Heavy multitaskers have reduced memory

The smartphones that are now ubiquitous were just gaining popularity when Anthony Wagner became interested in the research of his Stanford colleague, Clifford Nass, on the effects of media multitasking and attention. Though Wagner, a professor of psychology at Stanford University and director of the Stanford Memory Laboratory, wasn’t convinced by the early data, he recommended some cognitive tests for Nass to use in subsequent experiments. More than 11 years later, Wagner was intrigued enough to write a review on past research findings, published in Proceedings of the National Academy of Sciences, and contribute some of his own.

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People won’t stop staring at their phones, so this Dutch town put traffic lights on the ground — Quartz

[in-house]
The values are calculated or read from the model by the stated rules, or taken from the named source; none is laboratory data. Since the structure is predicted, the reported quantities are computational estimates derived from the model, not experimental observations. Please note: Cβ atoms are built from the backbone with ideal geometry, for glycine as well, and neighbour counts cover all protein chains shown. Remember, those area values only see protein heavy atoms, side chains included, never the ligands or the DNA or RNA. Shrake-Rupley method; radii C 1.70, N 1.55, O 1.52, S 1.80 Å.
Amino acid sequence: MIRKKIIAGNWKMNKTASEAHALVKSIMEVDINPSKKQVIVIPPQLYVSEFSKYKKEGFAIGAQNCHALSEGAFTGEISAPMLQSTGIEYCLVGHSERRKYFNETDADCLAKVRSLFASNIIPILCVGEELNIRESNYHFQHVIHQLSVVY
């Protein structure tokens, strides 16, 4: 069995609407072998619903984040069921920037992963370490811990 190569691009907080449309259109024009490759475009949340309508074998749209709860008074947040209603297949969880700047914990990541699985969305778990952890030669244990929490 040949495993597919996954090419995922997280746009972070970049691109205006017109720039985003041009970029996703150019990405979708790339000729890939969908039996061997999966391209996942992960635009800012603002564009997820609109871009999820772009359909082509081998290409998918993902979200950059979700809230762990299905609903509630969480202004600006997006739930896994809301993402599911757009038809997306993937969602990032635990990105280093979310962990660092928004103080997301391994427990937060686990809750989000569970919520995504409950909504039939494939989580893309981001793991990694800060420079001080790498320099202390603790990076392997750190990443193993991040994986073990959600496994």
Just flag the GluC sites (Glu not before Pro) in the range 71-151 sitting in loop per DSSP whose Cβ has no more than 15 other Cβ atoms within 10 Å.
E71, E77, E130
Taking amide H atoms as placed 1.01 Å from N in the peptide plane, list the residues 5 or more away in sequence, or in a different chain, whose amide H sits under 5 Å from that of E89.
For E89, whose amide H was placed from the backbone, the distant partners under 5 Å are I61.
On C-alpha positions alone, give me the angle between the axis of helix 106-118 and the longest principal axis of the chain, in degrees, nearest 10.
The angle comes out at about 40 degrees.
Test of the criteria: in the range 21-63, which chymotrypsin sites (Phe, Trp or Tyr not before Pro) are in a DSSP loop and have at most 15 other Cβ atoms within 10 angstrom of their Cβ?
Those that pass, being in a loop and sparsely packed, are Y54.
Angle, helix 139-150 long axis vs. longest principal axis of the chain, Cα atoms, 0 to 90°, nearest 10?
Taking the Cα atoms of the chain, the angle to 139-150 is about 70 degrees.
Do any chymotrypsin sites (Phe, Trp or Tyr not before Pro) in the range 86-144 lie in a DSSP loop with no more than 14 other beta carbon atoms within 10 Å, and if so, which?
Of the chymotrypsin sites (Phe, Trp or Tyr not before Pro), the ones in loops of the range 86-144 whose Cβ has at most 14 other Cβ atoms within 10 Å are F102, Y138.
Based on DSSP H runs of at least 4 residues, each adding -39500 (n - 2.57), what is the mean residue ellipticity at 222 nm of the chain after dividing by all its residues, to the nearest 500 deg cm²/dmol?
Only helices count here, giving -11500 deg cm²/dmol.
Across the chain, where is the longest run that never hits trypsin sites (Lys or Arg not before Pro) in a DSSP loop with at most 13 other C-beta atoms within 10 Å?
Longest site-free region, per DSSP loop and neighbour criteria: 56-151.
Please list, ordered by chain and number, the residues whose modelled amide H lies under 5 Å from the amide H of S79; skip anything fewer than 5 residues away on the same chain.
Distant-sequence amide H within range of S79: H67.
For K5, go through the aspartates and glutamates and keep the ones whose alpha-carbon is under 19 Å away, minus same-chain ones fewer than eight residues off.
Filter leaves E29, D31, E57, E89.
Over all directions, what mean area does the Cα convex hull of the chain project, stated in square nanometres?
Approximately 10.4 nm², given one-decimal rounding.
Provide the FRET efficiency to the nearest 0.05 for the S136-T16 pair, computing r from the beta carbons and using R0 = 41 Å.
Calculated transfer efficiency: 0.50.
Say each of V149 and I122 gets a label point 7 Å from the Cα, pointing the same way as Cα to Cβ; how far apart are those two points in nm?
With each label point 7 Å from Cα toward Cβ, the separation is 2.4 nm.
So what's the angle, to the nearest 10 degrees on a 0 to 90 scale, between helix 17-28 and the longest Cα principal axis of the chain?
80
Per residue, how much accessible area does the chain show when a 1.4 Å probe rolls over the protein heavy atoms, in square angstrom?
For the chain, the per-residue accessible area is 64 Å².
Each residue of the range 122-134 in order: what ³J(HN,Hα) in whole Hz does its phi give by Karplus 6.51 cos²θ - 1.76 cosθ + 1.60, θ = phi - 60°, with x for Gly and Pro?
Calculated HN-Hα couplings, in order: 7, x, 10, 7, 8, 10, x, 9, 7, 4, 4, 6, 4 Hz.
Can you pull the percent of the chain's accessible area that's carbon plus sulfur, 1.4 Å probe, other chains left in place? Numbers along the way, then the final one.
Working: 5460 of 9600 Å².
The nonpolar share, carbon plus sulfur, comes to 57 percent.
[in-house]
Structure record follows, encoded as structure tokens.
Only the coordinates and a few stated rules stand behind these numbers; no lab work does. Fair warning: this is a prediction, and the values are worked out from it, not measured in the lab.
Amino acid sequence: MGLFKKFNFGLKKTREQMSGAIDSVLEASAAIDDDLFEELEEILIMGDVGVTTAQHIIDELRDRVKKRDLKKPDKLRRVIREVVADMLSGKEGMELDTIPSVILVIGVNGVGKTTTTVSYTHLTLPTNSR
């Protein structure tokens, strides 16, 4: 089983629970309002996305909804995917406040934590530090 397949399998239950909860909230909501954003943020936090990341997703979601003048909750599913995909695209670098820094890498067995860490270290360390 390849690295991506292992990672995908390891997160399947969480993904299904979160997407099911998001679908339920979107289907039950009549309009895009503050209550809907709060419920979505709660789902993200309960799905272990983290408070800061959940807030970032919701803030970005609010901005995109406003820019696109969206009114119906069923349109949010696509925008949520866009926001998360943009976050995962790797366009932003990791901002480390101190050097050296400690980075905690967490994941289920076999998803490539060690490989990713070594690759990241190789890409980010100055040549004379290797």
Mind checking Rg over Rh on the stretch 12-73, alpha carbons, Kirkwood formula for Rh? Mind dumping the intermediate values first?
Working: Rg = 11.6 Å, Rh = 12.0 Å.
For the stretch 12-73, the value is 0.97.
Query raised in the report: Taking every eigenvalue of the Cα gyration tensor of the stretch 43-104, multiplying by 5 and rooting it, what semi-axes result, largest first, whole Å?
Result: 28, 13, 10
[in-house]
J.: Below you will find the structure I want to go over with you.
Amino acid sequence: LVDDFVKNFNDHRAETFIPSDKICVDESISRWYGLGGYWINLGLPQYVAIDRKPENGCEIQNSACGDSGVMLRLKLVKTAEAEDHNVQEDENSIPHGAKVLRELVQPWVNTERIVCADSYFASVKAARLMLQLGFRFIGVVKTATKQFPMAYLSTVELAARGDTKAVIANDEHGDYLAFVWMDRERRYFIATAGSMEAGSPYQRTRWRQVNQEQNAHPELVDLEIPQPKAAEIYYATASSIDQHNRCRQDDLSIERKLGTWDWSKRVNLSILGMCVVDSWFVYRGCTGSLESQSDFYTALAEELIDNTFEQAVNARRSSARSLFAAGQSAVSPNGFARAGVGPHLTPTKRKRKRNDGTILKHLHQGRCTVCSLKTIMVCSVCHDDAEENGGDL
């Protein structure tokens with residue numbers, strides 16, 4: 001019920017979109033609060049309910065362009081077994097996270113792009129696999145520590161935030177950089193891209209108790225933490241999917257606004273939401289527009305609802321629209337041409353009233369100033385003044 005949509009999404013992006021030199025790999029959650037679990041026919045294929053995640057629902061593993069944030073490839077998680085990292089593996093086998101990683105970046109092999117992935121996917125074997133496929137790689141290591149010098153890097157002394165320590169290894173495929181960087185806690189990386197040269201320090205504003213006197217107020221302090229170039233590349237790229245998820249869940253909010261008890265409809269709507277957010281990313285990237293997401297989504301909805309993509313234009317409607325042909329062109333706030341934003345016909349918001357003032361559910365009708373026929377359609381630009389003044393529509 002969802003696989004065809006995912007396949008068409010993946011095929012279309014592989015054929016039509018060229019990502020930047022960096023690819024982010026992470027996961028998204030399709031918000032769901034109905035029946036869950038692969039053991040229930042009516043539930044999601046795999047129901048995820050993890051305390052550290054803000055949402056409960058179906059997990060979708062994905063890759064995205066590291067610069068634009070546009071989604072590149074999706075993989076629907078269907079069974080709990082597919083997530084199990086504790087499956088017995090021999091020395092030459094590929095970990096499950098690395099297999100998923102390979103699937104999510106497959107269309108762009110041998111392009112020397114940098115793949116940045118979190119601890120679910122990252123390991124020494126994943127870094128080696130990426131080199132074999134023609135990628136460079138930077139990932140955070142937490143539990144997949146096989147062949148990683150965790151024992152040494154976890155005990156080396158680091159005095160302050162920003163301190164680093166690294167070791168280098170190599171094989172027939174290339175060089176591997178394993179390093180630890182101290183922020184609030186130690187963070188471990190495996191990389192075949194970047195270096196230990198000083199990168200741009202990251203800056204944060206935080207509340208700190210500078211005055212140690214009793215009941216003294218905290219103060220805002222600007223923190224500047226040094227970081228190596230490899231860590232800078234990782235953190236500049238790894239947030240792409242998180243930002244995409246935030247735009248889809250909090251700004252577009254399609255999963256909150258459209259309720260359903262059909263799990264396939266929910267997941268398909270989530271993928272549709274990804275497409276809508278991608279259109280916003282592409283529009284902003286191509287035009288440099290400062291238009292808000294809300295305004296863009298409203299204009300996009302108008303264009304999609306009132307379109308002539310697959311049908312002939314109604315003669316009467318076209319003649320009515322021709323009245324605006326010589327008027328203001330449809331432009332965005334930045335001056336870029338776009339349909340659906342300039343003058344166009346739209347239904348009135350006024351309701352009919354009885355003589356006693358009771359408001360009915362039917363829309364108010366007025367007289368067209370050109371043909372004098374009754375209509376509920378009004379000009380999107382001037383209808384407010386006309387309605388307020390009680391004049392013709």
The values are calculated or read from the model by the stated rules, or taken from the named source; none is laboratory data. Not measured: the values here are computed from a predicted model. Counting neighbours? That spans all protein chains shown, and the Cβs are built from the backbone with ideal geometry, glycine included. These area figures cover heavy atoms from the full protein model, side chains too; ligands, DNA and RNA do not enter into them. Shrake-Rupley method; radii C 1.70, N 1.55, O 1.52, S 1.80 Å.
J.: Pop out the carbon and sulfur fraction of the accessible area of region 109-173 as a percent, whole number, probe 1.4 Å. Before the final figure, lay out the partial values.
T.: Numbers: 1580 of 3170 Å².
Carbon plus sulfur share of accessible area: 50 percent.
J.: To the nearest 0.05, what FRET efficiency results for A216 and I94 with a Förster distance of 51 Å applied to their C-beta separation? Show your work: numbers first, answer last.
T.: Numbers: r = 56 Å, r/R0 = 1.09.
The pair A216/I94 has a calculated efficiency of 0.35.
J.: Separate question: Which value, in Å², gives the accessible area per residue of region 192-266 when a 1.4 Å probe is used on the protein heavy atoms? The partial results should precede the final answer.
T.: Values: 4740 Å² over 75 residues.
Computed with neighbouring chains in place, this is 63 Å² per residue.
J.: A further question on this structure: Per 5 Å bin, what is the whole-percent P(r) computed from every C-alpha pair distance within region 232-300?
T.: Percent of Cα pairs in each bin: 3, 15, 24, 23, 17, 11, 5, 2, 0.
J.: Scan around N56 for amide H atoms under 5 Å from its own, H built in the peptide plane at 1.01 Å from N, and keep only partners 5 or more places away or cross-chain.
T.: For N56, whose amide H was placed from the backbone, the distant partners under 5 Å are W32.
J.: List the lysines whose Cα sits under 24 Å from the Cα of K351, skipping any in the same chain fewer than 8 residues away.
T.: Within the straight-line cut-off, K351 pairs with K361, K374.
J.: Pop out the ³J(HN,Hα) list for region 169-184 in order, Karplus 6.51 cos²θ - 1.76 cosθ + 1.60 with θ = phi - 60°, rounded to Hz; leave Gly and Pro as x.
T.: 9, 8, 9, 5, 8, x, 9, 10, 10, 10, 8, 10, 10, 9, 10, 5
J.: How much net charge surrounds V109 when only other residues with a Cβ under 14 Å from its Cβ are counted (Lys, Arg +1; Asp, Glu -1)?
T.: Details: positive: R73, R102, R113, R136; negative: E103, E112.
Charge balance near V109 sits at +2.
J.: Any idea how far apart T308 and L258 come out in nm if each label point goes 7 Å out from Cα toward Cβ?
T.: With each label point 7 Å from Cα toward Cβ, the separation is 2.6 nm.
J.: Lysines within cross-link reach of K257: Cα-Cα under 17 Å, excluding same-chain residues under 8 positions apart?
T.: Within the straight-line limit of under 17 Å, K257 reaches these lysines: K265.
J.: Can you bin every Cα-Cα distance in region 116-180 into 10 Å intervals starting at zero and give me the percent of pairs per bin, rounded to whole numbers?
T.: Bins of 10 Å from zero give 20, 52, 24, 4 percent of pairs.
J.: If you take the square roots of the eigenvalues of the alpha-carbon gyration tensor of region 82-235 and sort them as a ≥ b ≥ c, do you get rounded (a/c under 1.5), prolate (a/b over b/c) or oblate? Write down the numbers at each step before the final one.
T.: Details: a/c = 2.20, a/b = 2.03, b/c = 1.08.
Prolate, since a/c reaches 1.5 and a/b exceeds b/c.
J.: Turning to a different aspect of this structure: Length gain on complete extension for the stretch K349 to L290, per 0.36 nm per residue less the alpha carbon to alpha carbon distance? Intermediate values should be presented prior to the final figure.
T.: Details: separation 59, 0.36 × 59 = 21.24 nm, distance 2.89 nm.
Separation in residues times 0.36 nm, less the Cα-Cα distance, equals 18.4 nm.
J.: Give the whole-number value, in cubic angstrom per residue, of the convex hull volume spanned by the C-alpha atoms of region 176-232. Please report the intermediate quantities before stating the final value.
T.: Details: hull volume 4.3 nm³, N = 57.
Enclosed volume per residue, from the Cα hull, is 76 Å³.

As anyone who lives in a city knows, public sidewalks these days are a free-for-all of pedestrians staggering along, zombie-like, staring intently at the screens of their phones. As well as infuriating other pedestrians, there’s some evidence that this behavior increases our chances of being hit by a car.

To avoid that fate for its smartphone-addicted residents, a Dutch town is trying out a pilot program to put traffic lights where everyone is already looking. On the pavement.

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